As parents, we know it’s normal for children and teens to defy authority or throw a temper tantrum every now and then. They may express their defiance through arguing, breaking rules, or talking back to parents, teachers, or other adults. In most cases, this is part of growing up. If their behavior does not improve on its own, or becomes extreme, you may feel like you have run out of options. Reaching out to a behavioral health provider is a great starting point and could be useful in helping your child live a happier and more functional life.
Knowing the Difference and When to Seek Help
Knowing whether your child is struggling with a behavioral disorder, such as Oppositional Defiance Disorder or Conduct Disorder, or is just dealing with the normal ups and downs of life can be a challenge. Signs of these disorders often include disruptive behavior, patterns of anger, aggression towards adults and friends, and serious violations of social norms.
Things to Try
When working with a child who is acting out, consistency is key. Setting and sticking to a set of rules and consequences will help to improve their resistant behavior. Be willing to re-evaluate and include your child in the conversation about what might be fair and useful in each situation. Be sure to take breaks so everyone has time to calm down, listen to all sides, find a way to connect positively after the consequences, and shift mindsets away from blame and towards finding a solution. Utilizing support such as therapy, counseling, school resources, or parenting classes could also improve the outcome.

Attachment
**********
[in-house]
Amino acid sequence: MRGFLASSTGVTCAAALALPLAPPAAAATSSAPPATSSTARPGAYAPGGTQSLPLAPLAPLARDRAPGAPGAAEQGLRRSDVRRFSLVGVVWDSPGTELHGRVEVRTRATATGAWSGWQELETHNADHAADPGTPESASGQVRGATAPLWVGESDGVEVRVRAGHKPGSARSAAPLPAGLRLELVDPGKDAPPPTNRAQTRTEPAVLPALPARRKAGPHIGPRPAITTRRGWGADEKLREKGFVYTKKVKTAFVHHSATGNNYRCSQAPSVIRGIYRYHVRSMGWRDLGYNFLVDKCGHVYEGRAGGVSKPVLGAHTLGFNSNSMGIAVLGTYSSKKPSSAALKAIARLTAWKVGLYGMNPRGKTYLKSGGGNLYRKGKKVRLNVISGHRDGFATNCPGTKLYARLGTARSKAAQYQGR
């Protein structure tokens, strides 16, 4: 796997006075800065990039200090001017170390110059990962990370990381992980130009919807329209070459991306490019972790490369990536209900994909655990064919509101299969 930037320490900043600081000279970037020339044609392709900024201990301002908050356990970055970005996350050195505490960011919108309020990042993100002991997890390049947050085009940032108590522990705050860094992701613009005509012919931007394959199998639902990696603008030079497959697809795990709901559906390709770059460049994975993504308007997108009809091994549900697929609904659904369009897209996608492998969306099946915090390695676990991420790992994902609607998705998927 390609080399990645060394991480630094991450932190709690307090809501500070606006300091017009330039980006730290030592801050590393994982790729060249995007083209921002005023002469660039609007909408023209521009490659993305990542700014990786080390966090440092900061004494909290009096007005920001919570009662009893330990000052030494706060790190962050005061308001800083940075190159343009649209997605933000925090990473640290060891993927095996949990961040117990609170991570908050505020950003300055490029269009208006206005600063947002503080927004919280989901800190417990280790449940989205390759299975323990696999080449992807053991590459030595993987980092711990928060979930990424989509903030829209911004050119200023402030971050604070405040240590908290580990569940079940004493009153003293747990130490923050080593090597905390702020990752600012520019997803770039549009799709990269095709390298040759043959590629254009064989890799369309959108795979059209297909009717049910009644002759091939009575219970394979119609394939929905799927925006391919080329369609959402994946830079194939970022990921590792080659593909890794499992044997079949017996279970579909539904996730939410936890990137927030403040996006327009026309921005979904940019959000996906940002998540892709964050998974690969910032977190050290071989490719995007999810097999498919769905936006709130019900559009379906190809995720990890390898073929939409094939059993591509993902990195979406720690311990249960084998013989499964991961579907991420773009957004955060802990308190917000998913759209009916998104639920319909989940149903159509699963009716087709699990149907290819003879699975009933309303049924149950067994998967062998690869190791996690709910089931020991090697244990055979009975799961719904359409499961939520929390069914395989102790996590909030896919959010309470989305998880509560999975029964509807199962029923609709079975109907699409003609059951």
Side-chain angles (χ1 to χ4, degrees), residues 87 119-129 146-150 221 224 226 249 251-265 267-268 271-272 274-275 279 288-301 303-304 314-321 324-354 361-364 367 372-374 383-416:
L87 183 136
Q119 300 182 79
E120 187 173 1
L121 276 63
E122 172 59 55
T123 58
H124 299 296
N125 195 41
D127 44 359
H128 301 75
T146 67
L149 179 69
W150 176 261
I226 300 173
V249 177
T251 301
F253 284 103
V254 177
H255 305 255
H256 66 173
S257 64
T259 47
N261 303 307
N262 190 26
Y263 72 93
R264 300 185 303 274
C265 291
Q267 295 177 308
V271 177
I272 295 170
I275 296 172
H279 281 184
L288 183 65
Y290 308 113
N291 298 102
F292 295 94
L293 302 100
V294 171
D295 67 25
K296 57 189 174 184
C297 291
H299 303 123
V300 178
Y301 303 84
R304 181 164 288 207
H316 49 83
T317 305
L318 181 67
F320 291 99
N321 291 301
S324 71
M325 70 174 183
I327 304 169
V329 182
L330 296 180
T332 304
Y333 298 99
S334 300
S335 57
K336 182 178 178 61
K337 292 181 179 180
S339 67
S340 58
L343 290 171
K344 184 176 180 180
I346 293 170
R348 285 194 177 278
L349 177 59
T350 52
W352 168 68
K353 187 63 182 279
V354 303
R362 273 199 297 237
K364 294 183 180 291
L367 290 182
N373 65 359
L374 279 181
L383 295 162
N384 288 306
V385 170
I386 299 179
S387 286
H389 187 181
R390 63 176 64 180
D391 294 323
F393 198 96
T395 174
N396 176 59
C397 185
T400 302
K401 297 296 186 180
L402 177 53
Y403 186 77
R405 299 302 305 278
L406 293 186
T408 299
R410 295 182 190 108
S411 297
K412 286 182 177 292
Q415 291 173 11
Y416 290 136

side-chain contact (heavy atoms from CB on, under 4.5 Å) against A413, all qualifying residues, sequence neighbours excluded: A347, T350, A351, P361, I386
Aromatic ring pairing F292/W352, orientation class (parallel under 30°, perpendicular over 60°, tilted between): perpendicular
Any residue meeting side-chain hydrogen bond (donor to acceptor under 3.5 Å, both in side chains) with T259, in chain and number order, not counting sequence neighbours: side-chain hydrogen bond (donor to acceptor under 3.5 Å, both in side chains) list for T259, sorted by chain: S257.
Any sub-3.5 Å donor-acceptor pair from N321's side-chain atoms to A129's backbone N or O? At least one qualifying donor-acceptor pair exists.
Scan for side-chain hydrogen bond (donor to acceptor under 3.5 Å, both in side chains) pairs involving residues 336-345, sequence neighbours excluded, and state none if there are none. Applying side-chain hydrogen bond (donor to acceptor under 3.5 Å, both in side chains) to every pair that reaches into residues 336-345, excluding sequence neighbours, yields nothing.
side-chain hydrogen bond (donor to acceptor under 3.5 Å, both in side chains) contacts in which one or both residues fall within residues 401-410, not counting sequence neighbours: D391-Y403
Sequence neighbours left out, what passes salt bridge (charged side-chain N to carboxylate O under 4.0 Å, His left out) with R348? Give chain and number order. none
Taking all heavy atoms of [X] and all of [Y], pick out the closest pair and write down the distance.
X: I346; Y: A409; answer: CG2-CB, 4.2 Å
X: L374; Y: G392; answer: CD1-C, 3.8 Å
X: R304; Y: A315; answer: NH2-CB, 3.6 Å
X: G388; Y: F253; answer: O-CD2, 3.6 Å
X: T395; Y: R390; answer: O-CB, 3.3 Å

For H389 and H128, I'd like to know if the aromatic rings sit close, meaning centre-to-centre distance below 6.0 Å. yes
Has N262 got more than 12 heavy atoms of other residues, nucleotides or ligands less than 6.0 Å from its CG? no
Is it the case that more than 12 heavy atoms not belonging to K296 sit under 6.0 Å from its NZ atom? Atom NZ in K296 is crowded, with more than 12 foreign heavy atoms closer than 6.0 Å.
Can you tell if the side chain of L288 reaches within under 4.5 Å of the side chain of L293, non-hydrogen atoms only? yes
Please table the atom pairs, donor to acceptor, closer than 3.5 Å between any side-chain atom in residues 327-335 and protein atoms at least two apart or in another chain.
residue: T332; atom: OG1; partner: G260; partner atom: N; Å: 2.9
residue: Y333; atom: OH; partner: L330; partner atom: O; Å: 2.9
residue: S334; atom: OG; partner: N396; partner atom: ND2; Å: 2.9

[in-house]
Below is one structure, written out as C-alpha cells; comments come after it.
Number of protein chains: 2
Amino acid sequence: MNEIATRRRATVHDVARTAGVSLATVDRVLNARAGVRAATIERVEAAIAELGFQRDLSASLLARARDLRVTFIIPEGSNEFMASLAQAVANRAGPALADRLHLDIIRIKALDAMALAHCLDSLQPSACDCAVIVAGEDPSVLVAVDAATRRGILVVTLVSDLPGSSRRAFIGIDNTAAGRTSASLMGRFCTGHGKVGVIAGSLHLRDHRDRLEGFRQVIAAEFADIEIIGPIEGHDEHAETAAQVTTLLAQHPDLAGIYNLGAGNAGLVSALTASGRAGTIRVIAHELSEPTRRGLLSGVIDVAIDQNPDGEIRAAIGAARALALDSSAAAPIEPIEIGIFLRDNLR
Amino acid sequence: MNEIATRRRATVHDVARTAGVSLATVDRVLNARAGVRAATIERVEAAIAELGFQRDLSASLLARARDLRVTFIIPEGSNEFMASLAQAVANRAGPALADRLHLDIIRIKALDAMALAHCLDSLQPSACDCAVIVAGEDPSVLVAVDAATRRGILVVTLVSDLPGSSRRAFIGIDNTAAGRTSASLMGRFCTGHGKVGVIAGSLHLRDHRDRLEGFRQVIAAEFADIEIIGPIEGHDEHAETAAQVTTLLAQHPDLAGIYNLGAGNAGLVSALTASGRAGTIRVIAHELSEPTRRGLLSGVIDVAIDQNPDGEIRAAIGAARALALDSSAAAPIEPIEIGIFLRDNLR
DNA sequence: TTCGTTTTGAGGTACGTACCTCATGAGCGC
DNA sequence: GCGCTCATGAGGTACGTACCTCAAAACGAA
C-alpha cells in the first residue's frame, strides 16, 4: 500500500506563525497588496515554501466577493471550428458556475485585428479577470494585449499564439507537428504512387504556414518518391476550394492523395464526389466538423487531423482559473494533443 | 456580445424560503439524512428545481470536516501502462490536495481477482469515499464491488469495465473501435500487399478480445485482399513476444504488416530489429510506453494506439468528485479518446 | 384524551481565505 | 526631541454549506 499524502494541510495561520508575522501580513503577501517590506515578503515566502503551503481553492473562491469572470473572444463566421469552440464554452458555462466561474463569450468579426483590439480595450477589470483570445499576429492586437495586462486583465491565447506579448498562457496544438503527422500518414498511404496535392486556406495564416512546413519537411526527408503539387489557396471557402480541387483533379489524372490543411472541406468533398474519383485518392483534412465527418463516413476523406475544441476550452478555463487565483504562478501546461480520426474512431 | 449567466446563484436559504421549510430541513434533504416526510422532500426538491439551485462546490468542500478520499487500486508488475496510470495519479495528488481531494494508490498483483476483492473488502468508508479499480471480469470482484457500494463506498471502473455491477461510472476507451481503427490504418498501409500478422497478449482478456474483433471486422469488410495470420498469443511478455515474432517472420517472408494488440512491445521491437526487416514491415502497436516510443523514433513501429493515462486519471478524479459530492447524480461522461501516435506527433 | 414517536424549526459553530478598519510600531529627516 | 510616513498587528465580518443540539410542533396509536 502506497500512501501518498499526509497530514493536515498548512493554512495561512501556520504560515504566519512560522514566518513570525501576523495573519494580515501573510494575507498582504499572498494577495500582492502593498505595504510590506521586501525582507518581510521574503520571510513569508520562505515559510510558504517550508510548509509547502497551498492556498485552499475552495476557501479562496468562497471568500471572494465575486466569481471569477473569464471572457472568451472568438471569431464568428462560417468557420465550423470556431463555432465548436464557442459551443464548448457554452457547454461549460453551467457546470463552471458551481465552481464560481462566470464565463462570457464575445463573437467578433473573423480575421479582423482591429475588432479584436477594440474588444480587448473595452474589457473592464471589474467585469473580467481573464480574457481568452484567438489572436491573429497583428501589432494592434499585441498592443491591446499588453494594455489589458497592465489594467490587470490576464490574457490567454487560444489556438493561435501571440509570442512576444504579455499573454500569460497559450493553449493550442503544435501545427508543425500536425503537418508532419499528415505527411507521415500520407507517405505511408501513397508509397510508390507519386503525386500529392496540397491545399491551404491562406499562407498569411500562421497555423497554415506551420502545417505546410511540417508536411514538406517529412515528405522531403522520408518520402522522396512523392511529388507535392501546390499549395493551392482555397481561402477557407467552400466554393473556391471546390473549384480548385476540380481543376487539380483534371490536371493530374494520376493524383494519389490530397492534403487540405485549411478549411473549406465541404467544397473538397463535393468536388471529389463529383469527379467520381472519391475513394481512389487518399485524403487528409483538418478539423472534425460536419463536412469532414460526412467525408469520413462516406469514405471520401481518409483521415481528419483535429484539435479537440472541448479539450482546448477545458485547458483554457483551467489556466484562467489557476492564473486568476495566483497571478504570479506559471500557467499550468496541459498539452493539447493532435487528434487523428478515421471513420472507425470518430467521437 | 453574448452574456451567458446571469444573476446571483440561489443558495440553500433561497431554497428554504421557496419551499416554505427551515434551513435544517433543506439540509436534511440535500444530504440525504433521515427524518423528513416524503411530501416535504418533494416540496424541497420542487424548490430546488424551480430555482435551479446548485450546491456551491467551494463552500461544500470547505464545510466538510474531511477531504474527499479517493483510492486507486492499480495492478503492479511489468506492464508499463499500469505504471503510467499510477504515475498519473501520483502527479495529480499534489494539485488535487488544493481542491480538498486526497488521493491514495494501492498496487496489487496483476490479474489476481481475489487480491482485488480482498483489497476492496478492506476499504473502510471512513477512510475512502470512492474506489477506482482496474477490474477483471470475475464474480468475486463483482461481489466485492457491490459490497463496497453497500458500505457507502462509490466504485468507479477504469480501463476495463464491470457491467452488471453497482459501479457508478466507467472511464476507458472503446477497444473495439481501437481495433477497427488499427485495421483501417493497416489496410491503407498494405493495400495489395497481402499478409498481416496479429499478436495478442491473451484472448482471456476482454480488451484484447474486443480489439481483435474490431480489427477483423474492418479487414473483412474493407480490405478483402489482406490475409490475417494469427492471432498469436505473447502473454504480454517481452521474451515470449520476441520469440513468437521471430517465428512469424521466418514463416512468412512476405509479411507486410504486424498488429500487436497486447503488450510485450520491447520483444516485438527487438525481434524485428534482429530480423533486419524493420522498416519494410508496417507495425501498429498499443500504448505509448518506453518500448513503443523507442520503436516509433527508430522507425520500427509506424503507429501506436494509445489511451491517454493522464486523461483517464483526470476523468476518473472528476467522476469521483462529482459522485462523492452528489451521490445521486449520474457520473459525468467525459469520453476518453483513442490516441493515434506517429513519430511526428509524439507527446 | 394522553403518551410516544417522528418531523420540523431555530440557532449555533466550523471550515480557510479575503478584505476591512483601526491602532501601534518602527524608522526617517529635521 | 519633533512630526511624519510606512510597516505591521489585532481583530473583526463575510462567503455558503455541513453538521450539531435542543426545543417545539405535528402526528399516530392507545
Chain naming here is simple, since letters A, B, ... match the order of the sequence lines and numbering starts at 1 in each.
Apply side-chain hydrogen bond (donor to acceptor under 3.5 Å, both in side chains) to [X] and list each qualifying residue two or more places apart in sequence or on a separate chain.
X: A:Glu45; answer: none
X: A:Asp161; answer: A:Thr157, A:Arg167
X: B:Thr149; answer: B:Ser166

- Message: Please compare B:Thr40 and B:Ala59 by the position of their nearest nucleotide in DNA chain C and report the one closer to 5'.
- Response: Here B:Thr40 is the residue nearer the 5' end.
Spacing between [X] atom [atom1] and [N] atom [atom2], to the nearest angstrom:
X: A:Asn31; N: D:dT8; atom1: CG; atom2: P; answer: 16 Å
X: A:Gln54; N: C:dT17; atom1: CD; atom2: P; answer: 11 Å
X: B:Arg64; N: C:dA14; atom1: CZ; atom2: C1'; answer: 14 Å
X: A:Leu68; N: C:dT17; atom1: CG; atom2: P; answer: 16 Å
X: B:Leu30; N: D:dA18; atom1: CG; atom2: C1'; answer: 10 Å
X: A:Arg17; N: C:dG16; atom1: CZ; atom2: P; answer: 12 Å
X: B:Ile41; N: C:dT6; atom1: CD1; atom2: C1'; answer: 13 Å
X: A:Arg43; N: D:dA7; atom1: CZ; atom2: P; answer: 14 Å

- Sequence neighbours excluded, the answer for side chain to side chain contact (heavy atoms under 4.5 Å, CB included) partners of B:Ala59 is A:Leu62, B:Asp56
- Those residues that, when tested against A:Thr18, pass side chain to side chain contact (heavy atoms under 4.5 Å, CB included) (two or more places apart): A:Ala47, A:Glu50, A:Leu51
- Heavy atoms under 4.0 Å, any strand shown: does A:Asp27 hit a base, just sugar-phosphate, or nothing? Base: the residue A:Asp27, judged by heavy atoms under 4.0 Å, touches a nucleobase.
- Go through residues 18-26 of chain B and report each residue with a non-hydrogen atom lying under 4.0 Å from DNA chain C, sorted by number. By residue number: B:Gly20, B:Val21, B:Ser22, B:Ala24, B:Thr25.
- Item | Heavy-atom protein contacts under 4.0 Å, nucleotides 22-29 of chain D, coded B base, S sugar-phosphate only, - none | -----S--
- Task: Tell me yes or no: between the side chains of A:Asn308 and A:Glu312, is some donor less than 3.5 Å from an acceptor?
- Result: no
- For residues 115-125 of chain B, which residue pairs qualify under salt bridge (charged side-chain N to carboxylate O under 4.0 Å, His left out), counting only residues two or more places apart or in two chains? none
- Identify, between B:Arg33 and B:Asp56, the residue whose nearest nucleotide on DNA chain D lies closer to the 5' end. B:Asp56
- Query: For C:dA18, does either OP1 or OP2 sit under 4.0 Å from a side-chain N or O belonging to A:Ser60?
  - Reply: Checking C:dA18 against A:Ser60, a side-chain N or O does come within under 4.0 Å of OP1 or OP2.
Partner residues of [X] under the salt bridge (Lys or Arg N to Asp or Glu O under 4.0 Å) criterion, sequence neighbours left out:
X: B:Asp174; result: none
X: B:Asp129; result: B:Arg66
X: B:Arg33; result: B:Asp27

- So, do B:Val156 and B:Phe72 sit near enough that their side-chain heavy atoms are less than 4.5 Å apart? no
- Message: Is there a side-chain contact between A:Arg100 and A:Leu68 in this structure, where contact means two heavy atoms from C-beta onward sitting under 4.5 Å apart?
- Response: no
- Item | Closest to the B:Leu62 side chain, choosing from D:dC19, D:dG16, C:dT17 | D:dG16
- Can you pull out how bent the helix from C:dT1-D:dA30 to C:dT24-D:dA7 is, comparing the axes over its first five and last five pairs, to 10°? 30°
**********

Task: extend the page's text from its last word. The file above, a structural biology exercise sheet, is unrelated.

Working With Other Adults
Working with other adults, such as family members, teachers, or peers, has shown to be effective in addressing behavioral issues and managing emotions. This is a great way to address change and offers the opportunity to compare parenting plans and gain a new outlook on what may or may not be working.
Working with Your Provider
If your child’s behavior is not improving on its own and attempts at working through it have only led to frustration, contacting a behavioral health provider may be your next course of action. A provider is trained to effectively address underlying problems such as anxiety, depression, and other contributing factors, with the goal of putting your child on a path to wellness.
Kristyn Duffy, LCSW is a pediatric Behavioral Health provider at Peak Vista’s Enrichment & Counseling Center at Wahsatch. Kristyn has been seeing patients since 2021. She is passionate about the welfare of children and reducing the stigma of mental, emotional, and behavioral health struggles. In her spare time, Kristyn enjoys reading, traveling, thrill-seeking, and spending time with her dog.